What parts of credit scores are used to determine an insurance score?

Since the portions of your credit score that are used to determine insurance scores vary from company to company, it’s hard to say.

Again, this is an excellent reason for obtaining quotations from several different companies.

If you are concerned that numerous credit checks from insurance companies may affect your overall credit score, don’t worry.

Insurance queries ardeclaration page for home insurancee regarded as “soft” queries and are not considered part of your over-all credit rating.

On the other hand, conventional credit scores do not take into consideration past insurance claims.

An insurance score reflects the number of claims filed.

Many claims can adversely affect your insurance score.

Obviously, there’s nothing you can do about weather-related losses, but a multiplicity of minor claims are scrutinized carefully.

Improving Your Credit-based Insurance Score

Many of the strategies used to improve your credit rating also can be used to increase your insurance score. Do the following:

  • Make payments on time
  • Pay your bills, taxes, and any fines or fees as agreed
  • If you’re behind on payments, catch up on them and remain current
  • Maintain low balances on your credit cards and accounts

CLUE Insurance Report

Specialized insurance statistics are kept by the insurance industry under the acronym, CLUE, for Comprehensive Loss Underwriting Exchange.

Insurance companies have access to this report generated by LexisNexis®, a consumer-reporting agency. Insurance companies report claims for which they:

  • Pay out money
  • Set up a file for a possible claim
  • Formally deny a claim

The following information is recorded:

  • Name of the claimant
  • Date of birth
  • Policy number
  • Date of loss
  • Type of loss
  • Amount the company paid
  • Description of the covered property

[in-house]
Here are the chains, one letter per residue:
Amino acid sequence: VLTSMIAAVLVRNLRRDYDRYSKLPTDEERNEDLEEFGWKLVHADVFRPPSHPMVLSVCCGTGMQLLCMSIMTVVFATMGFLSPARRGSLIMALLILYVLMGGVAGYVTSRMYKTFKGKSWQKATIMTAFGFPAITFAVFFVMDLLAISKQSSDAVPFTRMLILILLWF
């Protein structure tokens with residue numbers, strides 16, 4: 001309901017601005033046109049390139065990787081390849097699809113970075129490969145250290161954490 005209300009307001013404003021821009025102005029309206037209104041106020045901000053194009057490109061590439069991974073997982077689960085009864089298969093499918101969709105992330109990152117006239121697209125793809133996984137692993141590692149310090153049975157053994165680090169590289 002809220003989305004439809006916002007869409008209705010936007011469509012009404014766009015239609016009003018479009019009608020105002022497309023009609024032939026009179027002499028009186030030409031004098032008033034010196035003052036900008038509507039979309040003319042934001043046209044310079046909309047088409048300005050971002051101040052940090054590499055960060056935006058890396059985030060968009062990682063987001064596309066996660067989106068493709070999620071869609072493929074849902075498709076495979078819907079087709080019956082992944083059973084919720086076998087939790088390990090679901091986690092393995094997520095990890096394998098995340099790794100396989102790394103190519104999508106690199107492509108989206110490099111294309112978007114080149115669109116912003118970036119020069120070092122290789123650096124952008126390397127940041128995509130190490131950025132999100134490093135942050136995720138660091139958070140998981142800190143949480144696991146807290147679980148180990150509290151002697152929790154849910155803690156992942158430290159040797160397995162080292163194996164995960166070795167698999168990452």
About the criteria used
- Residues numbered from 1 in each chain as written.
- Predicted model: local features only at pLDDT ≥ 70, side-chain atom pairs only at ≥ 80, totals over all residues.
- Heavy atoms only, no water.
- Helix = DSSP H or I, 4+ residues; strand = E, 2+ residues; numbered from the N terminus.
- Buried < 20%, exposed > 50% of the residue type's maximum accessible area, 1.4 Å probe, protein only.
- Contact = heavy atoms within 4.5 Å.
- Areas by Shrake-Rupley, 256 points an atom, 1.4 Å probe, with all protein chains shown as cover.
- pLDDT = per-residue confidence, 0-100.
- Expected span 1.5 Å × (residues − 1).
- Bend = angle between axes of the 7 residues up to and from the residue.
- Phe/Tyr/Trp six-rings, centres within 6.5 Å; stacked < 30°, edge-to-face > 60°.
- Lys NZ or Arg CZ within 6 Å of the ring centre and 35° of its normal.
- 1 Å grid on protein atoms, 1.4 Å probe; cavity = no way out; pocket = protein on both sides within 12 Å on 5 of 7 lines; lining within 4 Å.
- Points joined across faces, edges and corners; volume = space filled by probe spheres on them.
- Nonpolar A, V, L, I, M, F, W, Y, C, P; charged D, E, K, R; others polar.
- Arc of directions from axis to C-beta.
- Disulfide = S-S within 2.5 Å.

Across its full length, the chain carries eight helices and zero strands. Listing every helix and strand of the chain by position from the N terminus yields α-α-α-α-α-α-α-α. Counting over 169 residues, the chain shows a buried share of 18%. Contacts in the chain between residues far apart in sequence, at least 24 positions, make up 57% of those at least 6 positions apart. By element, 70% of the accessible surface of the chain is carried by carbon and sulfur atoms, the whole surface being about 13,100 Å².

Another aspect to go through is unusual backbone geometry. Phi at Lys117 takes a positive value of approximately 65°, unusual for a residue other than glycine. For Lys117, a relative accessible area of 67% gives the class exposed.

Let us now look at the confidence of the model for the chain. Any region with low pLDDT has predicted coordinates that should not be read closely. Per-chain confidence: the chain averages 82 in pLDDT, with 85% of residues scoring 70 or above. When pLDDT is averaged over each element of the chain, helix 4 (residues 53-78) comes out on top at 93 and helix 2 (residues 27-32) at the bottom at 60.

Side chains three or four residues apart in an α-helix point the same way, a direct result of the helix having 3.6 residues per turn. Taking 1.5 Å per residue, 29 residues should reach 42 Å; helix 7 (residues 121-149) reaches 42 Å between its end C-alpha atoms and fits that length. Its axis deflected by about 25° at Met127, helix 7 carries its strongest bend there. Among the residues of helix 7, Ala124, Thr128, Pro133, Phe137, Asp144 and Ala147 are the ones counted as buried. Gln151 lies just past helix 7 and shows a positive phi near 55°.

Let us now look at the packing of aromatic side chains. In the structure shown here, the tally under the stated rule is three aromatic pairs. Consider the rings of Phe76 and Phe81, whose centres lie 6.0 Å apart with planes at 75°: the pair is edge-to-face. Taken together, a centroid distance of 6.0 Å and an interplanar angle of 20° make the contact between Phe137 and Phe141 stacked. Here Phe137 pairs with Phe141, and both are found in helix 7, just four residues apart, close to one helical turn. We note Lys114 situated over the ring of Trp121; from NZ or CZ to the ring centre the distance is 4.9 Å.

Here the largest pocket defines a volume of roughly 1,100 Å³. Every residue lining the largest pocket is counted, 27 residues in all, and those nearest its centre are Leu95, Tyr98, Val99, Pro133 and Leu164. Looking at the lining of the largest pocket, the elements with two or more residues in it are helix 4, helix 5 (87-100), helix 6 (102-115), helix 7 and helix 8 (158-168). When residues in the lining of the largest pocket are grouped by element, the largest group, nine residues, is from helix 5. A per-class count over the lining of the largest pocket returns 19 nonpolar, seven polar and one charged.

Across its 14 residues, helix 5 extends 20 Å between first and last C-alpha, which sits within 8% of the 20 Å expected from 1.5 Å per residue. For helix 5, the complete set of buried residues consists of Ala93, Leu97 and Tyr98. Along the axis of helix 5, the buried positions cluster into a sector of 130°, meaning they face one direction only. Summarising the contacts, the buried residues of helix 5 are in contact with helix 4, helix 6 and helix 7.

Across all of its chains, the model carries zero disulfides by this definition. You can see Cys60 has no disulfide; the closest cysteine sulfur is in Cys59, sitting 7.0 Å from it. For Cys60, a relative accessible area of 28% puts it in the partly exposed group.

• Property address for a homeowners claim or specific description of vehicle for auto claims

The insurance company can request a CLUE report if you apply for insurance or request a quote for insurance. Under the Fair Credit Reporting Act, you are entitled to a copy of this report annually. You can request this from LexisNexis®.

If you are denied credit or insurance due to a credit score, you are entitled to receive a notice indicating the source of the information that affected their decision.

However, only the insurance company can inform you of the reason for the decision.

Cautions to Observe When Purchasing Insurance Online

house insurance quotesMake sure the company and agent are licensed to sell insurance within your state.

Do the following:

  • Contact your state’s insurance commissioner to determine licensing
  • Obtain the complaint records for the insurance company for which you request quotes.
  • Protect your personal information – if you have any doubts about security – submit your application for quotes by U.S. Mail.

Advantages and Disadvantages of Credit Reports

Credit reports are necessary to ensure the fair application of insurance premiums based upon actual data. This represents the major advantage of a credit report-based premium. Your premiums can be reduced in this manner.

On the other hand, a credit report ensures that individuals who have had claims are held accountable for both their credit history and claims history for insurance purposes.